Wilfork and Patriots don’t see eye to eye
True to his word, nose tackle Vince Wilfork will be in attendance today for the first day of Patriots training camp, despite no movement in contract talks. His agent, Kennard McGuire, said yesterday he’s disappointed the situation has come to this.
“Although our dialogue has been ongoing, we just have not achieved the level of comfort for Vince,’’ McGuire said. “In a profession where production and durability equals reward, I’m terribly disappointed that we have not found common ground in what a player of Vince Wilfork’s value truly is.
“Our desire was, and is, a commitment to Vince that equals the one he has made to the organization. Today, we’re just not there. For a man who is as passionate to the game as Vince Wilfork is, I truly feel this is unjust.’’
McGuire would not detail specifics of contract discussions with the Patriots, so it’s unclear what the sticking points are. Per team policy, the Patriots declined to comment on contract discussions.
Wilfork is entering the final year of his contract, and is to earn a base salary of $2.2 million. He initially was set to earn $800,000, but the figure increased because of incentives.
One aspect that boosts Wilfork’s case for a new deal is that he is in the sixth year of a contract he signed as a rookie in 2004, and the NFL no longer allows six-year contracts for players drafted in his position (21st). The maximum contract length is now five years.
As part of the six-year deal, Wilfork received a larger total of bonuses than he would have in a five-year pact - $3 million, in addition to a $2.5 million option bonus. But in exchange for that, he locked himself into an extra year that has cost him leverage now.
Only four players from the 2004 draft class who signed six-year deals have reached the sixth year - Giants quarterback Eli Manning (first overall), Chargers quarterback Philip Rivers (No. 4), Wilfork, and Patriots tight end Benjamin Watson (No. 32).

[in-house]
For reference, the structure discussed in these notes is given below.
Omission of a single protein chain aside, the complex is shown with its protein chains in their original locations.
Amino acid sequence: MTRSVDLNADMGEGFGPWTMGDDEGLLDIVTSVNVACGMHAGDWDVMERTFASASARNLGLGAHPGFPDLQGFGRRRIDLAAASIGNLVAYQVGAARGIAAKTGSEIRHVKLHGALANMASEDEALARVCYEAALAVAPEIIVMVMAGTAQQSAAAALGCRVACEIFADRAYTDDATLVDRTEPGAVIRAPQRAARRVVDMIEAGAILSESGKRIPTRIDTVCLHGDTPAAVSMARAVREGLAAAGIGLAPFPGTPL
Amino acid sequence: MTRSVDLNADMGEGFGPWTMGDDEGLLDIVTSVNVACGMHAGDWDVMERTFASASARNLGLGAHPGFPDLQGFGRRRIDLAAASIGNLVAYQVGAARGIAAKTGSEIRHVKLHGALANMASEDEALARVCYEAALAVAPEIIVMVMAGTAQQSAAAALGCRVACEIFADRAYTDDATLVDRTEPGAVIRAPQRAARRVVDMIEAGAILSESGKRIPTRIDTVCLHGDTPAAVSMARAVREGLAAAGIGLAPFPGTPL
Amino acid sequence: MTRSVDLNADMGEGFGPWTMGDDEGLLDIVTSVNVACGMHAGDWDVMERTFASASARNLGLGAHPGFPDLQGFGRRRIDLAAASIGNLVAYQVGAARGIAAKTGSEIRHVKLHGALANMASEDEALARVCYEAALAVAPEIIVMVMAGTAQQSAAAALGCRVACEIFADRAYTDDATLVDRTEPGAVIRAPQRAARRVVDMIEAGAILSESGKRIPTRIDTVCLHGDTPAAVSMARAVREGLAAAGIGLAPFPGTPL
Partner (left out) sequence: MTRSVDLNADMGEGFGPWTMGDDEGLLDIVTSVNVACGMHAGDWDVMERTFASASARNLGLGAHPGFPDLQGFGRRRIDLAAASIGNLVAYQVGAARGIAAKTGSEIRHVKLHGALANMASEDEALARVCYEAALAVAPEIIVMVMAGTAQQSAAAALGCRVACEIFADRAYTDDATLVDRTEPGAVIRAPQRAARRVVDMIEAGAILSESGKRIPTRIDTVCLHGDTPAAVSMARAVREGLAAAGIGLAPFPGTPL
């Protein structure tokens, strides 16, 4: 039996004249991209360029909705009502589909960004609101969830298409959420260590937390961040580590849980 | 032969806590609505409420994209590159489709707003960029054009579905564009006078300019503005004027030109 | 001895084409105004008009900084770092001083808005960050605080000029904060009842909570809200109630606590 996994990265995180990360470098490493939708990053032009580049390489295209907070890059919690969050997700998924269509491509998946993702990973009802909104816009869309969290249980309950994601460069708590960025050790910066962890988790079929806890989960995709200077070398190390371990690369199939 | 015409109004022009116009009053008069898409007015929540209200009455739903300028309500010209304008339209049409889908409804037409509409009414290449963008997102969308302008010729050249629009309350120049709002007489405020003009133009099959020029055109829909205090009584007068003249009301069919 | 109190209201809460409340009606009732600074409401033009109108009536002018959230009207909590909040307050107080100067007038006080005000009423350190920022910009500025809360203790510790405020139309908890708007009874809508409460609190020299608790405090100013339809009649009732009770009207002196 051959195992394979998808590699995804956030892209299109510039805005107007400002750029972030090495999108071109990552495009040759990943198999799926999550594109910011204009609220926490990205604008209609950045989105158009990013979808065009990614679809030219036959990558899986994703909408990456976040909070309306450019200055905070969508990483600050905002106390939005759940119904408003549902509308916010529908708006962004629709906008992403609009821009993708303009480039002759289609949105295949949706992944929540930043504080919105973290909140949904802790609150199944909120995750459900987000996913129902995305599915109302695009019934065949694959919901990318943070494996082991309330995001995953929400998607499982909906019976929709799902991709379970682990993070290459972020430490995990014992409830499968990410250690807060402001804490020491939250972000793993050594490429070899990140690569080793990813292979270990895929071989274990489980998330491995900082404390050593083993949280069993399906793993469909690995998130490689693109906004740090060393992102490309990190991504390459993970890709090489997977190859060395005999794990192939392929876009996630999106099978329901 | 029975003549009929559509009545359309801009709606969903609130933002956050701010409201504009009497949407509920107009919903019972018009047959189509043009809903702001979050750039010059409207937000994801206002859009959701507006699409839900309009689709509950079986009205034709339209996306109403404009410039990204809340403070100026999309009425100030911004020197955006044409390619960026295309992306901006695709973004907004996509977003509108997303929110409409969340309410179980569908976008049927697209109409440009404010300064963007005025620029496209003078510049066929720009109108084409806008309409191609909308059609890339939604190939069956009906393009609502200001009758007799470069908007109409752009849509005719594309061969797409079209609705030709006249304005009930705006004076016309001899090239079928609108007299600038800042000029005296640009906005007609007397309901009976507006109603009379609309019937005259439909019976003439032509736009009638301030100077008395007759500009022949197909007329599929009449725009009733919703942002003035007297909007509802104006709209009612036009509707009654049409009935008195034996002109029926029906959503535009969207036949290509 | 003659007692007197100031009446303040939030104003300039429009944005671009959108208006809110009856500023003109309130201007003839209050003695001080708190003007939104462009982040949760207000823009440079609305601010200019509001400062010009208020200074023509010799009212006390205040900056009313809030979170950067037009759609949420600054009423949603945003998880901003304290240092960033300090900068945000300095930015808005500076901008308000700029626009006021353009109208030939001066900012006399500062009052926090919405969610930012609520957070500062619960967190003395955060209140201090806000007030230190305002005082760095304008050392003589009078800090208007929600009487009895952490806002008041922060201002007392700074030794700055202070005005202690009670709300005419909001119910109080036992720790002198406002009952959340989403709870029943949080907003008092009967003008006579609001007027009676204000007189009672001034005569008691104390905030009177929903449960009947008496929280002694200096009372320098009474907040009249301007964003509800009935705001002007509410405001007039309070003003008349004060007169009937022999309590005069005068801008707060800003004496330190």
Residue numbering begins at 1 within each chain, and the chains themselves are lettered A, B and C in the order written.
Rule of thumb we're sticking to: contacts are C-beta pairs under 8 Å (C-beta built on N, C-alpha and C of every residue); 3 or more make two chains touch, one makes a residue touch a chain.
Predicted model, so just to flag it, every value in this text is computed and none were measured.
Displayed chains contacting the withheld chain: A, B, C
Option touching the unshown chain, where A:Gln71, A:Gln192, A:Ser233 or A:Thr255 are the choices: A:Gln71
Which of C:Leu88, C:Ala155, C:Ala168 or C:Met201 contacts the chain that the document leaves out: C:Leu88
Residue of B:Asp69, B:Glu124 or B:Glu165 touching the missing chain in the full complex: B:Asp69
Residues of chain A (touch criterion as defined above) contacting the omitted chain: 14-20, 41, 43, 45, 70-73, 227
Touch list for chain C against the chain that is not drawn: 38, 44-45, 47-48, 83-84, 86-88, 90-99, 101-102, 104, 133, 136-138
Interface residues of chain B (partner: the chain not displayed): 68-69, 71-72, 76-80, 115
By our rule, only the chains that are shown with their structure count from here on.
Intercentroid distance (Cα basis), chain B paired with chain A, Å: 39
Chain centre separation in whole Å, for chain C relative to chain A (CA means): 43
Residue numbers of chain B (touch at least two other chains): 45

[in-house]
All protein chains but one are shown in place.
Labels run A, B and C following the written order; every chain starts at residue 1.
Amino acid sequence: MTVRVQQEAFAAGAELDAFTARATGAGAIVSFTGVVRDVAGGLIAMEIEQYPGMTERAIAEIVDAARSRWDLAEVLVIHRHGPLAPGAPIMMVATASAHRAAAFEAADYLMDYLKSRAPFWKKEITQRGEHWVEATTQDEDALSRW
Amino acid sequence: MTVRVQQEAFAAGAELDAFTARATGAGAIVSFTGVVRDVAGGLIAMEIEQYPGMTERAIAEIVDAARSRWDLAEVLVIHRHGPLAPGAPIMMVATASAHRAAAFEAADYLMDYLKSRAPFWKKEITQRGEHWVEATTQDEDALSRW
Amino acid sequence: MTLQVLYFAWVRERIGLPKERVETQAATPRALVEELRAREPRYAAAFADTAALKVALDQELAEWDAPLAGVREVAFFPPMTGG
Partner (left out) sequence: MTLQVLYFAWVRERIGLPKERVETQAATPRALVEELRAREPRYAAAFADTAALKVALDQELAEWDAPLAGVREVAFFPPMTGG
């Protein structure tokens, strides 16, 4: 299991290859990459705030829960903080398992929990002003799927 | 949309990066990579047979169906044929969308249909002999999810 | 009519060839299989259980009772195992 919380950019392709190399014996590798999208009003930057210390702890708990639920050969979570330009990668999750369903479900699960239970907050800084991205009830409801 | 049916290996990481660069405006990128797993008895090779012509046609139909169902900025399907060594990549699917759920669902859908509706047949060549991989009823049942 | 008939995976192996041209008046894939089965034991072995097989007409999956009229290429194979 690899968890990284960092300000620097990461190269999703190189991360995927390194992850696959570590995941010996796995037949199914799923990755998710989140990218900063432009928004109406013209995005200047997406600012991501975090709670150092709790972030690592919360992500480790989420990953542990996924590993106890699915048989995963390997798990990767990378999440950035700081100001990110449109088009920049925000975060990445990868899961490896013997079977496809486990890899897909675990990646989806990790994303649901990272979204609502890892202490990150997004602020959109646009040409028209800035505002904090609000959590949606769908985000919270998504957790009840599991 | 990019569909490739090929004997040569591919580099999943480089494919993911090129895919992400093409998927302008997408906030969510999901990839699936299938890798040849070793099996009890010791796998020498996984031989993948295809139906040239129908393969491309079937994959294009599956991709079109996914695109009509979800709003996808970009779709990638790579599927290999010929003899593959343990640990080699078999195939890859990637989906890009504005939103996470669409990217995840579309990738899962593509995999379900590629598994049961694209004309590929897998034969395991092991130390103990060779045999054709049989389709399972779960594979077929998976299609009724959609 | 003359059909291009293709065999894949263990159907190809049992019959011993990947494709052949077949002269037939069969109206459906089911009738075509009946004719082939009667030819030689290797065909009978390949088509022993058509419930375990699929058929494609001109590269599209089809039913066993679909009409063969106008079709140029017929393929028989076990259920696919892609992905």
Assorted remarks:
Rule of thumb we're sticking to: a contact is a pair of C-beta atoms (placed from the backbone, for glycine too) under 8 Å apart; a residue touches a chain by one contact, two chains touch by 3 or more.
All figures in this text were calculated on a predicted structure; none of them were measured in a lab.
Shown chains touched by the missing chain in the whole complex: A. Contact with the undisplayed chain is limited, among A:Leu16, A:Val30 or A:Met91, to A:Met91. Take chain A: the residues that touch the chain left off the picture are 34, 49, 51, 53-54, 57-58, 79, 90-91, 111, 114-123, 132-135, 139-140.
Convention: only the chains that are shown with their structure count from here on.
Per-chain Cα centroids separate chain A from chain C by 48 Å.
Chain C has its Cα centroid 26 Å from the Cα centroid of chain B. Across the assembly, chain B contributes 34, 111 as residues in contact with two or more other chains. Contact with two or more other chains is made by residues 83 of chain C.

Wilfork had skipped voluntary organized team activities earlier in the spring as a show of displeasure, but he attended mandatory minicamp (he would have been fined for a no-show). At that time, he pledged he’d show up for training camp, hoping that his approach might create a spark to stagnant contract talks.
To this point, however, it has not resulted in the outcome he hoped for. So the question is what happens next?
Wilfork could play out the final year of his contract - assuming the risk to remain healthy and productive - and hit unrestricted free agency next year, when he could be part of open bidding that leads to long-term security. Yet that assumes the Patriots don’t place the franchise tag on him, restricting his ability to test the open market.
In other situations, which had different dynamics, the Patriots have reached agreements with players that ensured they wouldn’t use the franchise tag if certain parameters were met. Cornerback Asante Samuel, who held out of camp in 2007 after being assigned the $7.79 million franchise tag in his fifth NFL season, was one of them. At this time, Wilfork has no such assurances.
It’s also possible the sides continue to talk and strike an extension later in the year. While that seems like a longer shot at this point, defensive lineman Ty Warren (August of 2007) and center Dan Koppen (October of 2006) are recent examples of players who had their contracts extended during the year.
Another option, also in the longer-shot category, is a trade. A player such as Wilfork could net a significant return, and if the Patriots like what they see from second-round draft choice Ron Brace, perhaps they’d consider selling a stock at its highest point, realizing that a long-term agreement in New England won’t be in the cards.
In past years, as the Patriots have opened camp, holdouts had been a significant story line - Richard Seymour, Deion Branch, and Samuel among those most recently staying away before ultimately earning what they desired. Wilfork went a different route, pledging to show up.
So he’ll be there today, carrying disappointment along with his shoulder pads and helmet to the first practice of training camp.